Algonquin Young Readers
Published April 25, 2015
240 Pages

Corinne La Mer doesn’t fear anything; not even Jumbies in the forbidden woods. Jumbies are simply made up stories that parents use to keep their children out the woods, but Corinne knows better. 

But when Corinne notices yellow eyes staring at her at the edge of the woods. She begins to doubt her fearlessness. And when a beautiful stranger shows up at the marketplace and then her home with her father, Corinne knows that danger is near. 

Using her courage, the help of her friends and a ancient magic, she had no idea she possessed, Corinne must save her home and everyone in it. 

I really have a hard time finding good fantasy books for children (maybe YA) written by African-Americans. So, I jumped on this one purely based on the author and I wasn’t disappointed. This book was written extremely well that I would even recommend it for YA readers.

Firstly, characters. You knew from beginning and end that these were children. However, you didn’t feel the immaturity, even when the kids were acting a fool with each other. Corinne and her friends had a sense of wisdom about them that I didn’t feel was out of place. It fit them. They were kids but not reckless children trying to prove a point.

I loved how the author seamlessly tied mythology into the story without feeling like a history lesson. It was part of the culture, part of everyone’s lives and I loved how relevant it was in the beginning and end of the story. Also the author added something in there regarding history and I liked it. I was very surprised but thought it was perfect.

I enjoyed the pace of novel. However, at a certain point, the constant movement hit a plateau and I was stuck wondering if this was going to be end of my enjoyable ride. But it wasn’t. The pace began to build after this point and it did well til its descent at the end. Speaking of the end, it was great but it was a hard reality to swallow. I liked how the author did not shy away from the outcome because it is true. In real life and in every fantasy story, where the hero proves to be different it happens.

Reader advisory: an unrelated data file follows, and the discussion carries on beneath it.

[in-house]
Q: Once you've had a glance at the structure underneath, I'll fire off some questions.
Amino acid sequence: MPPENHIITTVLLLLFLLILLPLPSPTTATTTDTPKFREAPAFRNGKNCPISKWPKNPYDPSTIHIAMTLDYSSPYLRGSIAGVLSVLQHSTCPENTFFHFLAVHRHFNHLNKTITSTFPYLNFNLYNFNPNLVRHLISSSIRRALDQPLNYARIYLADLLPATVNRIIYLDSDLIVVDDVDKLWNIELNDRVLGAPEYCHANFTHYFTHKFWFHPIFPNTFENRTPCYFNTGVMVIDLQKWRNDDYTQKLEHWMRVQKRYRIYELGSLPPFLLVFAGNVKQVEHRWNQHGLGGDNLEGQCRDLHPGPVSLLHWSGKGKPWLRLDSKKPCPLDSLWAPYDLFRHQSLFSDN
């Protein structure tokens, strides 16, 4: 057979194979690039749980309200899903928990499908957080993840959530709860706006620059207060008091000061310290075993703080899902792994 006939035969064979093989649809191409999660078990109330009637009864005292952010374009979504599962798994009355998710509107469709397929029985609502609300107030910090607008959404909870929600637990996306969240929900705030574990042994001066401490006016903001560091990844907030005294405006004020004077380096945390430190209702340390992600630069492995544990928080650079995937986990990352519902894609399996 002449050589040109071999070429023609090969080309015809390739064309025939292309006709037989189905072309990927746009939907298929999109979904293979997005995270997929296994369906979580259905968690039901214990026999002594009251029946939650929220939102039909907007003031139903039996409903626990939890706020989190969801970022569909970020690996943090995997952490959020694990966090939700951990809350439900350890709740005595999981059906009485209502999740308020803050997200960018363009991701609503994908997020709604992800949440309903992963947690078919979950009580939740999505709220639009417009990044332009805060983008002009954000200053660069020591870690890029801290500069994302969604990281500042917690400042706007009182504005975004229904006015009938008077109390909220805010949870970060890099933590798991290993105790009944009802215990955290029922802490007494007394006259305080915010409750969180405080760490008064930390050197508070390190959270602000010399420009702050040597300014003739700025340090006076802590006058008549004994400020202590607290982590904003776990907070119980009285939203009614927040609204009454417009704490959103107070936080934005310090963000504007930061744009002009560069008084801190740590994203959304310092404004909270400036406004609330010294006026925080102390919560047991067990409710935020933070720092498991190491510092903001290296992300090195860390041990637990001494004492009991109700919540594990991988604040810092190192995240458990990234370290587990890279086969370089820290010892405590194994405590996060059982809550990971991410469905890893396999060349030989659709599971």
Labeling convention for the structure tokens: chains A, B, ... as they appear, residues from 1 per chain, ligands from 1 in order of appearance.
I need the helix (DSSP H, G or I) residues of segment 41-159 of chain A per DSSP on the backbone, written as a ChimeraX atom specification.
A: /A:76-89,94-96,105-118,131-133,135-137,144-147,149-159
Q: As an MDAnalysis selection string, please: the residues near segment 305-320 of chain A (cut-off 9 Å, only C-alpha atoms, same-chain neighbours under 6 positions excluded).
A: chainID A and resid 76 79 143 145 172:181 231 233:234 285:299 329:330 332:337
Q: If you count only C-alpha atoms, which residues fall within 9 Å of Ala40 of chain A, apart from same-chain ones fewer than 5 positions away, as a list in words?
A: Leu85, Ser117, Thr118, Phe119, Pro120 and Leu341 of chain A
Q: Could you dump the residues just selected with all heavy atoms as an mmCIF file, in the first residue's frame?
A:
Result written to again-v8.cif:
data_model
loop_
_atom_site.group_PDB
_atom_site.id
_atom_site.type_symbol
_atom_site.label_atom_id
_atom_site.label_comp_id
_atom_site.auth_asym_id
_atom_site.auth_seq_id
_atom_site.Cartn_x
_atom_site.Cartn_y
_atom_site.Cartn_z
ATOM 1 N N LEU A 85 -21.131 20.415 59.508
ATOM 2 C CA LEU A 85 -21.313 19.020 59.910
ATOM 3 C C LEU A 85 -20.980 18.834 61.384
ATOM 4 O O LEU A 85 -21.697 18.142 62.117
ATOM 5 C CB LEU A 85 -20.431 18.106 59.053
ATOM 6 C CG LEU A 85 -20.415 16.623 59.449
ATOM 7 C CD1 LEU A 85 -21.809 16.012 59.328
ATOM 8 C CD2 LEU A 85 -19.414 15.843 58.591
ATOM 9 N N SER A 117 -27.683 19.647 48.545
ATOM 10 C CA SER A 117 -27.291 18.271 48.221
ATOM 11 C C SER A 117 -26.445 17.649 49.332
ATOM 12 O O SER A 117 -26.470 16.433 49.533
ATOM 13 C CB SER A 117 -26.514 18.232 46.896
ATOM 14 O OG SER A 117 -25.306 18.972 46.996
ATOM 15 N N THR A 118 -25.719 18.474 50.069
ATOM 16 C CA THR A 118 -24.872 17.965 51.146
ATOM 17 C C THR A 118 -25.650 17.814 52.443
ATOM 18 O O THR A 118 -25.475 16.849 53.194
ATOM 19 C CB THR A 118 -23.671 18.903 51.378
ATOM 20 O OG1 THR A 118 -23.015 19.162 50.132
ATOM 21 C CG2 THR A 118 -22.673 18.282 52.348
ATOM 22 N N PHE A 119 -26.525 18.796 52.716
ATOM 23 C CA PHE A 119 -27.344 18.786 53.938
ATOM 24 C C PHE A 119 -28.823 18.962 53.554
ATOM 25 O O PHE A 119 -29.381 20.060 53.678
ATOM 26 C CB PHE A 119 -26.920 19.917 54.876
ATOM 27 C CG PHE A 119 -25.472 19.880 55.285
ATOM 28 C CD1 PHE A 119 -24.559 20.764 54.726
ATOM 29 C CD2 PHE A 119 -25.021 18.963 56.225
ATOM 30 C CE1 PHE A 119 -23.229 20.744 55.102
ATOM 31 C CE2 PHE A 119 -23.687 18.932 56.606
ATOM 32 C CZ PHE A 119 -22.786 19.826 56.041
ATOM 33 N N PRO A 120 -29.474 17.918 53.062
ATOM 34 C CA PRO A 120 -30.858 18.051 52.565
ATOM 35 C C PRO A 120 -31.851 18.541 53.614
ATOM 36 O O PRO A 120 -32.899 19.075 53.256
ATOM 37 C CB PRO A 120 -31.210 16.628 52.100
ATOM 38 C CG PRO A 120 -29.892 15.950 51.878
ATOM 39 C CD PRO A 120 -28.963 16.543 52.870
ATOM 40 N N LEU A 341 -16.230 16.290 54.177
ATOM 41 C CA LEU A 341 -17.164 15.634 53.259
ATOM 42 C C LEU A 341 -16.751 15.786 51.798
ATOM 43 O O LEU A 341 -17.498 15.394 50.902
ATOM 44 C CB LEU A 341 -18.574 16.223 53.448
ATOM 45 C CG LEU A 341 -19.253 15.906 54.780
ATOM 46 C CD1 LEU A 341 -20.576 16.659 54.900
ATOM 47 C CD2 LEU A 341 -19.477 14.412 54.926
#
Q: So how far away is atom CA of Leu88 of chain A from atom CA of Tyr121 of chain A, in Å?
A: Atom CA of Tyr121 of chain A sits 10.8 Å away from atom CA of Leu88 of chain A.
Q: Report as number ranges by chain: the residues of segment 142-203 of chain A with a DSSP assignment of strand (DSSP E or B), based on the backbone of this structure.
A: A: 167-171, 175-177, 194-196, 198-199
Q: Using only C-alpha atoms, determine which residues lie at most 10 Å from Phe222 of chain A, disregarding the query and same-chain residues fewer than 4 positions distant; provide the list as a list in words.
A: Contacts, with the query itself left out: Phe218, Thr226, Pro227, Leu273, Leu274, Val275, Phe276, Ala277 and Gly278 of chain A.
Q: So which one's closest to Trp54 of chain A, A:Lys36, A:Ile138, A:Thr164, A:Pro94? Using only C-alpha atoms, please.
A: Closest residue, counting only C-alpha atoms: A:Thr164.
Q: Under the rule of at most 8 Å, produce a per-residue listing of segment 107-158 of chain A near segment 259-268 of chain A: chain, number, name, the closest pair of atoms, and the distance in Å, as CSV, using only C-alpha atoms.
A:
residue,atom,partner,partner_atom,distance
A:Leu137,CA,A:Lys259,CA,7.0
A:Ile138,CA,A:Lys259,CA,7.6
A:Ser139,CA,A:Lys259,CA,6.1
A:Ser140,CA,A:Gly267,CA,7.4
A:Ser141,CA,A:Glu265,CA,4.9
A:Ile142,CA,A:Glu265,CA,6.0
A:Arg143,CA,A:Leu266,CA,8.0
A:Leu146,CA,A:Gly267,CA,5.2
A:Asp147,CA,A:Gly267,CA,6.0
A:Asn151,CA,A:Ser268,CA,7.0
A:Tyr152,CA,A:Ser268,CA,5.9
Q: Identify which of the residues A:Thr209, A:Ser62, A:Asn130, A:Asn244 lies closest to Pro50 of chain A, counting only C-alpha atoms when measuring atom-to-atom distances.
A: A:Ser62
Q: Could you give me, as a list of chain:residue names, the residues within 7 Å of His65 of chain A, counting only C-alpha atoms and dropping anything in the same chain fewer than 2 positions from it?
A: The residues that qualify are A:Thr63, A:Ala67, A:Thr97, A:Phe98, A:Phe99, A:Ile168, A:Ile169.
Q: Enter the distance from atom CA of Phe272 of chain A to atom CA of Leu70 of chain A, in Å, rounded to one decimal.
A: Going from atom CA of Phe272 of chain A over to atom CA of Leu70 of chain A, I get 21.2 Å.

Would I consider this story horror? No, there is nothing exactly scary about it (even from a kids perspective) but it is deeper than just a fantasy story. You see how much a myth or a fable affects communities/cultures no matter what the generation is.

Overall,

4 Pickles

Book Review: Nightborn (Thrones & Bones #2) by Lou Anders

Crown Books for Young Readers Published July 14, 2015 353 Pages
Crown Books for Young Readers
Published July 14, 2015
353 Pages

Karn Korlundsson has settled down since his adventures with Thianna. Life as a farmer and avid game player doesn’t require life threatening decisions. But when Thianna goes missing, Karn makes it his mission to find her.

Even if it means traveling to a distance city, deciphering the riddle of the horn and fighting elves.

If you have not read book one, here is my review.

Jumping right in, I enjoyed this book but compared to the first one, I didn’t feel the drive or intensity within the story. This book came across very laid back, even when fighting was happening. It didn’t feel like the end of the world. Where as in the first book, I was emotionally invested.

Also in the first book, it was more centered around both character equally but this book was all Karn and I don’t know if I like him. He came over cocky and a know it all. Even when he had his moments of doubt, he was just a bit demanding of things. He came off as a tool and it was completely different from who he was in the first book. Thianna didn’t change much and I was alright with that because she had a lot of growth in the first book.

I loved the fact that the author kept their relationship strictly platonic. It would really ruin the book if it turned into romance. They are good friends, best friends and that is the way it should stay.

Although I felt the story was laid bad, the pace was smooth. I didn’t feel as if the author was adding a bunch of fluff. Everything in the book fit. I loved how the book ended and how it leads to a book three. It was great. It didn’t feel short or out of place. The author knew what he was doing with the ending and I respect that.

I recommend this series for kids getting into fantasy and for adults wanting a break from the romance in YA. Overall,

3 Pickles